GST may translate into processing of 300 to 500 crore (3-5 billion) invoices every month. How can the SAP system help to deal with the volumes?
Subramanian: According to our understanding, about 4-5 billion invoices will be uploaded onto the GSTN system on a monthly basis. I can safely say 30-40% of this number would come from an SAP system. The question is on the line of connectivity to GSTN. We are looking at building solutions with SAP HANA as the database to help even those businesses who probably are not on SAP S/4HANA or the digital core to process large volumes of data.
Each organisation is estimated to process 50,000 to seven lakh invoices a month. With HANA as the database, our solutions will specifically be able to cater to each and every size and segment of the businesses that we support today. For those who cannot afford S/4HANA or those who are looking at S/4HANA a little later down the line, we have an interim solution as well. So from a compliance point of view, businesses will not be affected.
We have handled several legal changes in the past—those that were part of Yashwant Sinha’s budget, VAT, service tax, the NFE going automatic in Brazil, and the digital agenda of the European Union. In Brazil, for example, you cannot issue an invoice to your customer. It goes to the government system, the tax is verified, and then you send your invoice to your customer. The electronic invoicing in Russia also follows a similar process where it doesn’t go directly to the government, but it goes to a registered tax authority and through the registered tax authority the invoice is directed to the customer.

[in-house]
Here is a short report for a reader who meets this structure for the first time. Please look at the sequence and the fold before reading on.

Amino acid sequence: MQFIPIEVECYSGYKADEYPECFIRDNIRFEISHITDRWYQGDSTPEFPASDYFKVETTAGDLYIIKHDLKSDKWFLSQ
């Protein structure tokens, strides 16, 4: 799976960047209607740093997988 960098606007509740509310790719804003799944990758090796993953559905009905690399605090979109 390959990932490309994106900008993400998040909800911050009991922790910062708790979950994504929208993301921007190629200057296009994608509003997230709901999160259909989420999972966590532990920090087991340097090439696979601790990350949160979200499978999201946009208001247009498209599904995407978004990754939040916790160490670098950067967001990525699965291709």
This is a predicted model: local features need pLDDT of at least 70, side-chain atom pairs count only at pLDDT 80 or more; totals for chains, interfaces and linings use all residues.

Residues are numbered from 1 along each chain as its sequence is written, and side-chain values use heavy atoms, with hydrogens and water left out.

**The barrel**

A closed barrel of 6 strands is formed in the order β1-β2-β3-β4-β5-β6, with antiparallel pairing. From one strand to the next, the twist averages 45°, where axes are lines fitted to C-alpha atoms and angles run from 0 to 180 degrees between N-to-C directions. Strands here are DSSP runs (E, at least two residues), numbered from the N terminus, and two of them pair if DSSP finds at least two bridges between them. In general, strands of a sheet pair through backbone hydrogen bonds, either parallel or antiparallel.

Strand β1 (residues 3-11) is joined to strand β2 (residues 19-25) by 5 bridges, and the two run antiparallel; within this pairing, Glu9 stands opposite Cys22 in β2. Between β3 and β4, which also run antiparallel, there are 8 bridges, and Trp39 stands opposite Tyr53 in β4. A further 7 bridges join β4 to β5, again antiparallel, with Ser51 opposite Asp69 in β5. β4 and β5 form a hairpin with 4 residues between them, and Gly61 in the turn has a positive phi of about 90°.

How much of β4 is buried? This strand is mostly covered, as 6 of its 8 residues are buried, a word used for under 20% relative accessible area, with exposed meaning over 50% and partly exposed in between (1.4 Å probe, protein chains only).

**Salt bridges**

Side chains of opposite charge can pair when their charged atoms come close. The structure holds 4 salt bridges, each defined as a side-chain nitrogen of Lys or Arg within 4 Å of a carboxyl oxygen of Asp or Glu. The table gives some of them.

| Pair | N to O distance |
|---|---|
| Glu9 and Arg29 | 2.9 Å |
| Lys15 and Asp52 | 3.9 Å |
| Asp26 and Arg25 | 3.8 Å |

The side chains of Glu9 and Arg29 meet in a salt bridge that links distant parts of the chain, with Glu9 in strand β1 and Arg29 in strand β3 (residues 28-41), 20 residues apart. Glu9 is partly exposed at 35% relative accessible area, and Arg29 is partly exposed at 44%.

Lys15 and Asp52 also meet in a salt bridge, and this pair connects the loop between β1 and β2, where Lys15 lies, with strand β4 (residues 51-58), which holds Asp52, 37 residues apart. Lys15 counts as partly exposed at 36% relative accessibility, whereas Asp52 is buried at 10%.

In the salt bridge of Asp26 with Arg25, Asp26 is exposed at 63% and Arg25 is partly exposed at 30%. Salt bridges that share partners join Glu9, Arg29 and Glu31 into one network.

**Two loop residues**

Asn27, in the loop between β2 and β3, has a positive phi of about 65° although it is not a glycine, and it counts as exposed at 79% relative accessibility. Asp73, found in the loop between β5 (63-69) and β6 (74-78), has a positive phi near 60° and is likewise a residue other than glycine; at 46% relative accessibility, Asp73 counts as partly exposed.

What have been the key learnings from other markets where GST was implemented?
Subramanian: Let me take the example of Canada. There are three levels of taxes, exactly as in India— federal, provincial and inter-state. It has an integrated GST with one rate, hence, it was simpler. Prior to GST it had VAT, which had two rates, so it was an easier transition. However, in terms of industry and practices it was a mature market. So the enterprises that transitioned were able to do it probably in a much efficient manner.
A recent example is Malaysia, where the industry and the enterprises are not as mature as that in Canada. There were teething problems, coupled with strikes by traders against the increase of the tax net, even though it went with one single tax across the country. So we have had varied experiences. For India, I think it is very important that from a policy perspective, while we have a draft model in place today, the business of business should be business, it should not be compliance.